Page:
Parking bays for huskies, derelict coal mines – and EVERYBODY carries guns (in case of polar bear attacks): A fascinating stroll around one of the world’s most northerly cities
- Longyearbyen is on the Norwegian archipelago of Svalbard and it’s just over 800 miles from the North Pole
- In the summer the city is bathed in 24-hour sunlight but in winter, there is up to four months of darkness
- It is named after the late U.S. businessman John Munro Longyear, who started coal mining operations in 1906
Landing in Longyearbyen, which is located in Svalbard, just over 800 miles from the North Pole, it was still bright daylight at 2am and the temperature was below 10 degrees Celsius, despite it being the height of summer.
I had ventured to the tiny metropolis, which is home to around 2,200 residents, from Oslo ahead of an Arctic boat voyage with adventure travel company G Adventures.
Over two days it was fascinating learning about its history as a hub for coal mining, with remnants of the past left rusting away in the frigid climate.
Longyearbyen was originally established by and named after John Munro Longyear, an American businessman whose Arctic Coal Company started coal mining operations in 1906
Longyearbyen is a city on the Norwegian archipelago of Svalbard and it is located just over 800 miles from the North Pole
It was also interesting observing local life, with many residents wandering around with rifles to protect themselves from the polar bears that frequent the area.
I spotted signs pasted in a number of stores – including the supermarket and post office – telling customers to leave their guns outside or to store them in secure lockers by the cashier desks.
Meanwhile, there were notices scattered around outside indicating where dogs could be parked.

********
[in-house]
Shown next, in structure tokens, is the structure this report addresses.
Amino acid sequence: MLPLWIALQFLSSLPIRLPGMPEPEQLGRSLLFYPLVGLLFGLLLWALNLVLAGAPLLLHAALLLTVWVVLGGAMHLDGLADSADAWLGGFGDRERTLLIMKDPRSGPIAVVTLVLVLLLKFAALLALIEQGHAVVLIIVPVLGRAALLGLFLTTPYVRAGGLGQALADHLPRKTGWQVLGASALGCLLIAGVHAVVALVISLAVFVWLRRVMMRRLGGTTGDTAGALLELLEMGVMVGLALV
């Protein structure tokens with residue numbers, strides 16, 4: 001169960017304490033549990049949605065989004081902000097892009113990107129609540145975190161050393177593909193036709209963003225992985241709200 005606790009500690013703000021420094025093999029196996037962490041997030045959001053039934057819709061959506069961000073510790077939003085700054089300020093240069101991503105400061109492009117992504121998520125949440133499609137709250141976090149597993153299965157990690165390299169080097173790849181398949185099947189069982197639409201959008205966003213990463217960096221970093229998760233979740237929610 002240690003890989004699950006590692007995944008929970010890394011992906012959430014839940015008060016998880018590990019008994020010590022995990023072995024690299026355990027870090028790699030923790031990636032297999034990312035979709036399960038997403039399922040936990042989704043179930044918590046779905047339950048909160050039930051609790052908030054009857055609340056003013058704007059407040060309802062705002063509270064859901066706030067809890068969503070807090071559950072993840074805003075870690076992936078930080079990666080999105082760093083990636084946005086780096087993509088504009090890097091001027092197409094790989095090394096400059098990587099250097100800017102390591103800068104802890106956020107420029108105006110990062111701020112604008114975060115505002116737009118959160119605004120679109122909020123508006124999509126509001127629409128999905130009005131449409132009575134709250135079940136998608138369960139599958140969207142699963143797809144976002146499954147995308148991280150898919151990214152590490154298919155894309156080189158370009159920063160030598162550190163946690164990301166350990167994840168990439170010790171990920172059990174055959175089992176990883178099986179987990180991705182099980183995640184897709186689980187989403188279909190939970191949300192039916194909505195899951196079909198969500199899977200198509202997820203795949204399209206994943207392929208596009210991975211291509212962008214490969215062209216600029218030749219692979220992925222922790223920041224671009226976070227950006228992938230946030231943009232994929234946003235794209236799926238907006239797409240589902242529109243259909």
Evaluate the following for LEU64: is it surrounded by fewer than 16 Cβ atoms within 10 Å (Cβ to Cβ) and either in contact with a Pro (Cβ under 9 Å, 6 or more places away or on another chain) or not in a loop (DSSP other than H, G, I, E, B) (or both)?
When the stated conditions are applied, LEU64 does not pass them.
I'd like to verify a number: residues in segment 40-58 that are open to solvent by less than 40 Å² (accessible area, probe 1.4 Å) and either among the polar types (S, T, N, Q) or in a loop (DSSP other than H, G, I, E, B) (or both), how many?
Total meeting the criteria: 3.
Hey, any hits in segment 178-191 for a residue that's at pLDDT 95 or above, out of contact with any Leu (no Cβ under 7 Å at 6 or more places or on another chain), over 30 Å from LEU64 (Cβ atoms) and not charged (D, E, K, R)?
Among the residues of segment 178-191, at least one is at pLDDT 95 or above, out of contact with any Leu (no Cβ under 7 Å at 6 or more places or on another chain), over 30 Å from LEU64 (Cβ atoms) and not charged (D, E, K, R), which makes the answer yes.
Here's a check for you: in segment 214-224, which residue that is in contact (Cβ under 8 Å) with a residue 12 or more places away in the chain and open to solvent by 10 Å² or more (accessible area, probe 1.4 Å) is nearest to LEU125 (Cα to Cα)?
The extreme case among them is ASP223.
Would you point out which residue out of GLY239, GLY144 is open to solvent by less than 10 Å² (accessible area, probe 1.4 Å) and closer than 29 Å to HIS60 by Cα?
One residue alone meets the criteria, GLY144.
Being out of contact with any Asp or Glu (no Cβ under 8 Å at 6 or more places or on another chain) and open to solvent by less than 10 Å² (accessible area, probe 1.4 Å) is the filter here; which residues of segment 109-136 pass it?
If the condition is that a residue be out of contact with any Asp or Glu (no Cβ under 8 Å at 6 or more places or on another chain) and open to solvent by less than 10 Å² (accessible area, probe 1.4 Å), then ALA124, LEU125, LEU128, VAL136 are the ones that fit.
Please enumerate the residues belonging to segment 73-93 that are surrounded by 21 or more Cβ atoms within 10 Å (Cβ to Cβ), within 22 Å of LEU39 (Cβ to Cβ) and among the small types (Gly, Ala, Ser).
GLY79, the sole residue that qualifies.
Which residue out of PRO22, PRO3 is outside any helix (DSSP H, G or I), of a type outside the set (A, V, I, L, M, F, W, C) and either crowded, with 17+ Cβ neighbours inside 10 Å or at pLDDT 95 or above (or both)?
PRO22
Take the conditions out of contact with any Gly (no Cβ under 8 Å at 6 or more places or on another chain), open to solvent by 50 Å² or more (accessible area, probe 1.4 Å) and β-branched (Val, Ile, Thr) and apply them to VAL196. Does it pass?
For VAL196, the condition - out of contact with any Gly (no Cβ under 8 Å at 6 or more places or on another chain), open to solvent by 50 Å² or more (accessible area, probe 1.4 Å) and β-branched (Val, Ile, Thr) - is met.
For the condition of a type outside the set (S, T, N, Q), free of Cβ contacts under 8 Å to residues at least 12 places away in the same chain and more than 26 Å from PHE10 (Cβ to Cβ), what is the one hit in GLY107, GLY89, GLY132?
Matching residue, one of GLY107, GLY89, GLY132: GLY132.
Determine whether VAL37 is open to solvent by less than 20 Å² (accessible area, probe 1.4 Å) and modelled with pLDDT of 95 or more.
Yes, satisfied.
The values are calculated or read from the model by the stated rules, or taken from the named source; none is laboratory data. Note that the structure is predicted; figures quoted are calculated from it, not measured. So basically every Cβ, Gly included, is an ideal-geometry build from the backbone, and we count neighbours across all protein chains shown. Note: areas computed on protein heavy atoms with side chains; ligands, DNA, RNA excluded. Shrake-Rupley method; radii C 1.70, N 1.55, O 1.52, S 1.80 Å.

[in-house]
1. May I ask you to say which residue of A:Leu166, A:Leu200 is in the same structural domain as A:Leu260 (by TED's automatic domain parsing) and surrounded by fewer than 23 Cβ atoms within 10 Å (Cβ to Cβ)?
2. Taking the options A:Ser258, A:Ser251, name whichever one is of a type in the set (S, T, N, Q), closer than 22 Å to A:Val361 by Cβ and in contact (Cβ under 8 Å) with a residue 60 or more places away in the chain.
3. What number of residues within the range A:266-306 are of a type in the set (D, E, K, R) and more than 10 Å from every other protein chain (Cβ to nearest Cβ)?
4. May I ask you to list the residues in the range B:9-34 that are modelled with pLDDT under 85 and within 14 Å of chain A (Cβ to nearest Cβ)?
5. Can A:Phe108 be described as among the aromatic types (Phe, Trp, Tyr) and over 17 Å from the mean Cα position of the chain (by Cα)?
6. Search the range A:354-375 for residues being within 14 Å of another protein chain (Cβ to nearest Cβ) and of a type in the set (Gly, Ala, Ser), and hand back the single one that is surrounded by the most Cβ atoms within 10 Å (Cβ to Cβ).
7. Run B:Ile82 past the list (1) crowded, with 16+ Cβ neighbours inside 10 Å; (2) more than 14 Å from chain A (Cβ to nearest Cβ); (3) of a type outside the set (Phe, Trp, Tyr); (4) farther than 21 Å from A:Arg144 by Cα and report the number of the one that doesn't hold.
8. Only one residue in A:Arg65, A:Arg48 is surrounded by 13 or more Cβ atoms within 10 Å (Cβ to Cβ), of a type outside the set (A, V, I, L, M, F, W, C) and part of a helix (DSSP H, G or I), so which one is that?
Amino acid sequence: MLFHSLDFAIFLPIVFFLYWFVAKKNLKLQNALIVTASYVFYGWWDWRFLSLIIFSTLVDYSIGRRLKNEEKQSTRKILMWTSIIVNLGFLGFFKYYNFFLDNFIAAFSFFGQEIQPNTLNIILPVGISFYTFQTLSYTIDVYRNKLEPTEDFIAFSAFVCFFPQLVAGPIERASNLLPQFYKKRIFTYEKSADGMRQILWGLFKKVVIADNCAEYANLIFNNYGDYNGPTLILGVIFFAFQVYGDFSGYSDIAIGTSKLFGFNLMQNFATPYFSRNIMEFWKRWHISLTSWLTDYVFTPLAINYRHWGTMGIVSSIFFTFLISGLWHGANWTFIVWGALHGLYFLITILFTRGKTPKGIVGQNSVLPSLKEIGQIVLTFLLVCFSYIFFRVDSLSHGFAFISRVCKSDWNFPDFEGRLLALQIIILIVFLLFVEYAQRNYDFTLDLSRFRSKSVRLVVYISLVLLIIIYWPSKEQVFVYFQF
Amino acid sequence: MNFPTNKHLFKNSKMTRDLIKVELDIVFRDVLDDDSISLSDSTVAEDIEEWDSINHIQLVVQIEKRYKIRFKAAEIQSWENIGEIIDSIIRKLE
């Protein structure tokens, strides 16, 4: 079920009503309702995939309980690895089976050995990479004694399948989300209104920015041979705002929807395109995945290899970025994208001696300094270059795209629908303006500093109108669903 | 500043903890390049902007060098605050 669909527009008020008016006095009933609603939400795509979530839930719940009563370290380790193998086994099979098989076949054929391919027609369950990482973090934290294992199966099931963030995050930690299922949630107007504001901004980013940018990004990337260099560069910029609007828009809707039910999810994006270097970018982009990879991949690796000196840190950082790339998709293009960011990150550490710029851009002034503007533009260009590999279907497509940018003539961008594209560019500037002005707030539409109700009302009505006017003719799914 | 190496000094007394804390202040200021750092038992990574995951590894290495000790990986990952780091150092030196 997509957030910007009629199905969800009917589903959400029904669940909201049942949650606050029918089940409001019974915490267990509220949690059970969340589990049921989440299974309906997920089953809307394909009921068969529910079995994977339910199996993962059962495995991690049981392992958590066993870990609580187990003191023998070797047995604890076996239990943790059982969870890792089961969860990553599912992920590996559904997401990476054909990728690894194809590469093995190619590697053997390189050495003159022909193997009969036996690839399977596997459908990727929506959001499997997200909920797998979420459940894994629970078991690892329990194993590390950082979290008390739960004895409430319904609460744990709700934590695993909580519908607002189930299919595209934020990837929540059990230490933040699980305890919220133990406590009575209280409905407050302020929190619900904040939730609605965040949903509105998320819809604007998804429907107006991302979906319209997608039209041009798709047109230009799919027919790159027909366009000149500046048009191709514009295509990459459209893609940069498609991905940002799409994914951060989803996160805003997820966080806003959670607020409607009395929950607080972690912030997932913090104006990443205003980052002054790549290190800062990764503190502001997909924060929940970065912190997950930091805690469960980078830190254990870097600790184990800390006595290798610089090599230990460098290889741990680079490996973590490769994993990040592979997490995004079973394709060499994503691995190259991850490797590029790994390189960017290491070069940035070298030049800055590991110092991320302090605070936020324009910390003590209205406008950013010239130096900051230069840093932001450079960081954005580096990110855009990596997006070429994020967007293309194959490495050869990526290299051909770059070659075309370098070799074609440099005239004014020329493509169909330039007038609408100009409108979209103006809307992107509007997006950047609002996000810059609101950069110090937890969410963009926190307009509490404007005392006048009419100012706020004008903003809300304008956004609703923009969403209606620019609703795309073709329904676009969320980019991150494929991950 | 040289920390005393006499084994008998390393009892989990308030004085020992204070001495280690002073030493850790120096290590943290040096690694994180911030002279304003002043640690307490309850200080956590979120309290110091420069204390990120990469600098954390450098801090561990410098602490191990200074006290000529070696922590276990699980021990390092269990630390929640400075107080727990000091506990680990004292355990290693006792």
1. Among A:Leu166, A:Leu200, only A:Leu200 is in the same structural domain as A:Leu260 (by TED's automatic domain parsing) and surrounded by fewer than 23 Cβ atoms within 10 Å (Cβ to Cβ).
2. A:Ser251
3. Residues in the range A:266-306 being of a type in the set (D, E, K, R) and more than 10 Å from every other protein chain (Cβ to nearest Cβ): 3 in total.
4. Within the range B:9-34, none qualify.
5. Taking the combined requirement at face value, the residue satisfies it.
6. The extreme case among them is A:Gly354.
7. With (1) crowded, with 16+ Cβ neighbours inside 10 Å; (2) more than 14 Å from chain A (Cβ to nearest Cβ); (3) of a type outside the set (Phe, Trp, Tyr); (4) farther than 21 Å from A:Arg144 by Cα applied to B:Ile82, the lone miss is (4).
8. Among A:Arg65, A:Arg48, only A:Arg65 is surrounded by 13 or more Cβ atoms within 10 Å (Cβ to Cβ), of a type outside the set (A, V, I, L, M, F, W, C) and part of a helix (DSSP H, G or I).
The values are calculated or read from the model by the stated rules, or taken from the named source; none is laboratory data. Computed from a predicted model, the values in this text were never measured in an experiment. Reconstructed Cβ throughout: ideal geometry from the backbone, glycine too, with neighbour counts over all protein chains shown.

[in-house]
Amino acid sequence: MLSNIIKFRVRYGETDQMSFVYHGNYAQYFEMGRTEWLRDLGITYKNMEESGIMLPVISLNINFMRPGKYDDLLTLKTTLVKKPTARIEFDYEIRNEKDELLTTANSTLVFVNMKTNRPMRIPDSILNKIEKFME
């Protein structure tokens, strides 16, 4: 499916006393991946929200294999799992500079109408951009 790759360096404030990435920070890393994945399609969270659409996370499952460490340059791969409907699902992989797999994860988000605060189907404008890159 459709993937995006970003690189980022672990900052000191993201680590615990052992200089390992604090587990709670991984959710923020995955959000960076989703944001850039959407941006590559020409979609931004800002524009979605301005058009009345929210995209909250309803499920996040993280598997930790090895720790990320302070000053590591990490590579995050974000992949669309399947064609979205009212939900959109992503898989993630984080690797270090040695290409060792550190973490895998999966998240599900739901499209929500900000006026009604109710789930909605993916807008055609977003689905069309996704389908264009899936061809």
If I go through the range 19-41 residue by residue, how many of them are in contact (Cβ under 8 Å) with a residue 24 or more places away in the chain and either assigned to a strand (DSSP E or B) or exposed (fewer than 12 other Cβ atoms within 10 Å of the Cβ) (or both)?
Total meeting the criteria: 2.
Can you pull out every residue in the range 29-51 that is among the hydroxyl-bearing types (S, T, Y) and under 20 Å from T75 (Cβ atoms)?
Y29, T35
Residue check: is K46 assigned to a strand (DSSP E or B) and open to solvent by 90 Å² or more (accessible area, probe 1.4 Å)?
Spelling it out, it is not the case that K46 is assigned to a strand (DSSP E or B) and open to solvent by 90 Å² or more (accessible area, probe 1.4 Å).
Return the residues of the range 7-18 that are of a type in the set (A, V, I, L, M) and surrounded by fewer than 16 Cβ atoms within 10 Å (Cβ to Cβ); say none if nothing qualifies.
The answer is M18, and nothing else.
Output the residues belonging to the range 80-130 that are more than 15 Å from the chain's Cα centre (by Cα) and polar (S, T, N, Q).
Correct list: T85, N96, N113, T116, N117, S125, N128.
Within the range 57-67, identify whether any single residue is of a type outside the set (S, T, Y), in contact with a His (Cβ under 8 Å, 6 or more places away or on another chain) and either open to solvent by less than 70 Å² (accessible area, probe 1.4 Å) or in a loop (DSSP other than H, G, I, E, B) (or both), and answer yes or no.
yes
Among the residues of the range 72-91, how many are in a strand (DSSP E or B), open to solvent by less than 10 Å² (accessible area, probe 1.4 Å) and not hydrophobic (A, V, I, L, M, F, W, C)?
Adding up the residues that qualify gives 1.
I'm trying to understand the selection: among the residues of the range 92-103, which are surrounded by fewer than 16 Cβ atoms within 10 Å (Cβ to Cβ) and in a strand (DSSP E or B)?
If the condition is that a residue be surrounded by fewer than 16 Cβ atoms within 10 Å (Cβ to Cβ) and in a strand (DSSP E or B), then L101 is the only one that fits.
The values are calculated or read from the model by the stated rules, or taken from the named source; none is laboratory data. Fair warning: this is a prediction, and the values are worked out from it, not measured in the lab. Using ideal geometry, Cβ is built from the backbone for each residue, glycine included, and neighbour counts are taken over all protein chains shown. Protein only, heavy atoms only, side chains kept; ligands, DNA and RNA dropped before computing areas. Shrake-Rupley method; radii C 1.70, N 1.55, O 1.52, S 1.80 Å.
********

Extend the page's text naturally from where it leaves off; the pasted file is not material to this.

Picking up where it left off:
In the winter months with the onset of snow, locals in Longyearbyen get around on dog sleds, skis or by snowmobile.
The local wildlife definitely bites: A sign warns visitors that polar bears can be found all over Svalbard
A sign in a store specialising in furs instructs customers to leave their guns with staff
Signs around Longyearbyen instruct people where to leave their dogs. Locals get around on dog sleds in the winter months
A sign outside the post office in Longbearyen signals that firearms are prohibited (left), while a similar notice is displayed in the main supermarket (right)
There are few settlements in the world further north than Longyearbyen, as this graphic shows
While I didn’t see many husky dogs around when visiting in late July, there were snowmobiles parked outside almost every house.
Walking through the city’s main street – which features souvenir and outdoor gear shops for tourists – I decided to continue on into the valley where I could see a glacier in the distance.
After passing dozens of coloured houses in shades of burnt orange and moss green (the city employs a colour consultant to ensure all of the buildings are painted in matching hues) the landscape started to get a little wilder.